Boing Boing 

Telecoms policymakers blown away by WiFi sales figures

Kevin Werbach describes the astonishment of policy-makers when he drops the WiFi bomb on them: 1.5 million 802.11b cards sold every month. Meanwhile, in DC, they're pushing ahead with a plan to provide municipal lighting by filling standards with gas that glows when you hit it with 2.4GHz radio -- a plan that will saturate the city with radio waves that drown out 802.11b.
For the past day, I've been at a small workshop on spectrum policy hosted by the Aspen Institute.  Aspen regularly assembles key figures from the government, private sector and academia to frame emerging communications and Internet policy issues.  This one was interesting.  I was there to advocate open spectrum and unlicensed wireless technologies, like 802.11/WiFi.  It was heartening to see the level of awareness about WiFi among the lawyers, economists, lobbyists and policy-makers.  They realize something important is going on here.  Still, most of them were shocked when I mentioned there are now 1.5 million WiFi cards being sold every month.
Link Discuss

Fray Day 6

Derek sez:
Save the date: Fray Day 6 has been set for September 14, 2002. Last year we came to ten cities worldwide. This year could be even more. Ever wanted to organize a Fray event in your town? Now's the time to speak up!
Link Discuss

Roll-yer-own municipal wireless

Andy sez: "Tired of waiting for Verizon to provide high-speed internet access, The town of Cumberland in Maryland is extending its pre-existing wireless network to bring broadband access to its residents." Link Discuss (Thanks, Andy!)

If ICANN can't, who can?

After my last anti-Verisign rant, Paul Hoffman sent me some email and set me straight on a lot of things. One thing he asked me, which I didn't have an answer to, is "Who should run the DNS Root instead?" Paul has a pretty credible answer, in his sweeping ICANN-reform proposal.
The TLD Secretariat could easily be a single person. Her or his allegiance would be first to the root server operators, then to the ccTLDs, and lastly to the gTLDs. A stable, well-respected, international Internet organization would appoint the TLD Secretariat. While there are benefits to having the ITU organize the ccTLD administrators, it would be completely unsuited selecting the TLD Secretariat because it isn't well regarded in the Internet community or by the root server operators. The Internet Society (ISOC) would be a much better choice.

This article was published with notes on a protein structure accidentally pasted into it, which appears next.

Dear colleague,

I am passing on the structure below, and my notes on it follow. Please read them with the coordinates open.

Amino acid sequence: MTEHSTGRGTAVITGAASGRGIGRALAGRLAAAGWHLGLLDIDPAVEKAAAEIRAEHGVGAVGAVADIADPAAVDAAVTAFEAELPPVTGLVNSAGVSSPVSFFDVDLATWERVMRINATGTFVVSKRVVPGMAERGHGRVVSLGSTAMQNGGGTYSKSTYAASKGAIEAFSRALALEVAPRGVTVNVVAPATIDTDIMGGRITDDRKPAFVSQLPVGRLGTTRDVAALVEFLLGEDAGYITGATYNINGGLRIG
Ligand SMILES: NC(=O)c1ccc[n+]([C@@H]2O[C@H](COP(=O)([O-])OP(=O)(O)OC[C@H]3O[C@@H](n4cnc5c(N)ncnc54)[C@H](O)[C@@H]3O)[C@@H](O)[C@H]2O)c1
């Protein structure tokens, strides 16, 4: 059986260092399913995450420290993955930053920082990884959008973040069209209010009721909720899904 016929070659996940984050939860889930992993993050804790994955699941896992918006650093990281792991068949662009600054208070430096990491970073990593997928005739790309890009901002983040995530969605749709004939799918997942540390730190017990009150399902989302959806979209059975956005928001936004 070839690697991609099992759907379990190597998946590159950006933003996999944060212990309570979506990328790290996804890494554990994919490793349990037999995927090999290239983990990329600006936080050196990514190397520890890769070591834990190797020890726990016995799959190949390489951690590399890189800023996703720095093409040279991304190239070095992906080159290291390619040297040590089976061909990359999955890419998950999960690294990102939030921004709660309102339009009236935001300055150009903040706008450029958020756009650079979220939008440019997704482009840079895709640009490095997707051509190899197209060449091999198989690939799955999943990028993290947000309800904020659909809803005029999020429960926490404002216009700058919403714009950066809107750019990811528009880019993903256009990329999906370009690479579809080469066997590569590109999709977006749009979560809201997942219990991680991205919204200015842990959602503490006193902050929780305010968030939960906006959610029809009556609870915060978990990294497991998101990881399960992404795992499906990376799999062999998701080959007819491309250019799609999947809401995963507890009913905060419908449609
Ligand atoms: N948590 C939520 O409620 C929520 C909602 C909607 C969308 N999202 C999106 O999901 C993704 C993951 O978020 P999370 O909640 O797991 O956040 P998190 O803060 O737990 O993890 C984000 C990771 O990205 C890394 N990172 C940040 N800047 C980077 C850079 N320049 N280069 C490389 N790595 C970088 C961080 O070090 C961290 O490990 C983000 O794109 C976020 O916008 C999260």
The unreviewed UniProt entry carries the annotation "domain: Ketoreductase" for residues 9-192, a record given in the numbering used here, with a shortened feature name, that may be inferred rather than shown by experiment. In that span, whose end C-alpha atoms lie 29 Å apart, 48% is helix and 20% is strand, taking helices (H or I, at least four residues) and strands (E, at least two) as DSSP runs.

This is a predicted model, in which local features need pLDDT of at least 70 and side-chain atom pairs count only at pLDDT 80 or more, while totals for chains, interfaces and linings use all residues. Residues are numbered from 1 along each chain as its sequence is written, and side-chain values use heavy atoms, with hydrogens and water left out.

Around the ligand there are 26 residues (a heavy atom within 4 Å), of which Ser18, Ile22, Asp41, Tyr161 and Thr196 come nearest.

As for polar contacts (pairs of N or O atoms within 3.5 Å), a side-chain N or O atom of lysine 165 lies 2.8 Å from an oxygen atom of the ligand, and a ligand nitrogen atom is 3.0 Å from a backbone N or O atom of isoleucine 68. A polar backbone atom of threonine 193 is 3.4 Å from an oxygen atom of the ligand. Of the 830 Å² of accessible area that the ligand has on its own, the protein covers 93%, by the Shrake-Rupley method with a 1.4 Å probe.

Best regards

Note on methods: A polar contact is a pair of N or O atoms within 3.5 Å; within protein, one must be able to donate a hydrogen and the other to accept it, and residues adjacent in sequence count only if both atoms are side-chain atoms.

Given ICANN's current penchant for secrecy and closed meetings, the new TLD Secretariat will have a harder time gaining the world's trust. Fortunately, it wouldn't be difficult to make all correspondence to and from the TLD Secretariat a matter of public record. Although this might initially cause some consternation for the commercial registries that have benefited from ICANN's methods, it will build trust in the system.

Link Discuss

Rosetta Stones: $25,000

The Long Now Foundation has a store! And unline the crappy affinity items that most charities give you if you slip 'em a couple bucks (how many tote-bags can one PBS watcher usefully own?), these are really cool:
First Edition Rosetta Disk: (25 will be made, 23 remaining)
We are creating a limited edition run of 25 Version 1.0 Rosetta Disks and Containers, which we are offering in exchange for donations of $25,000 and above. Proceeds will support our global collection efforts to build the 1,000 language archive and complete the disk. The delivery date is the summer of 2003. You can see the design for the disk and container in the "about this project" part of our site under "concept" and "design". $25,000
Link Discuss (Thanks, jpancake!)

The Internet is for Everyone

The Internet Society's latest RFC, entitled "The Internet is for Everybody," is an inspirational call to arms: Free the Subnet 255!
Internet is for everyone - but it won't be if it cannot keep up with the explosive demand for its services, so we must dedicate ourselves to continuing its technological evolution and development of the technical standards the lie at the heart of the Internet revolution. Let us dedicate ourselves to the support of the Internet Architecture Board, the Internet Engineering Steering Group, the Internet Research Task Force, the Internet Engineering Task Force and other organizations dedicated to developing Internet technology as they drive us forward into an unbounded future. Let us also commit ourselves to support the work of the Internet Corporation for Assigned Names and Numbers - a key function for the Internet's operation.
Link Discuss (Thanks, Katie!)

Finally, a downloadable "King of Kensington" theme!

MP3s of great Canadian TV themes:
Edison Twins theme Polka Dot Door theme Take Off, Eh! Degrassi High Theme Degrassi Jr. High Theme Beachcombers Theme King of Kensington Theme Definition Theme Hockey Night in Canada (Original) Theme From Degrassi -- Zit Remedy The Littlest Hobo Theme Mr. Dressup Theme Kids In the Hall Theme
Link Discuss (Thanks, Michael!)

AOL lost $50B+ this quarter

Holy crap. AOL/TW/NS/whatcher just wrote down a $54.2+ Billion loss, the largest in corporate history. Link Discuss

Comrade Smurf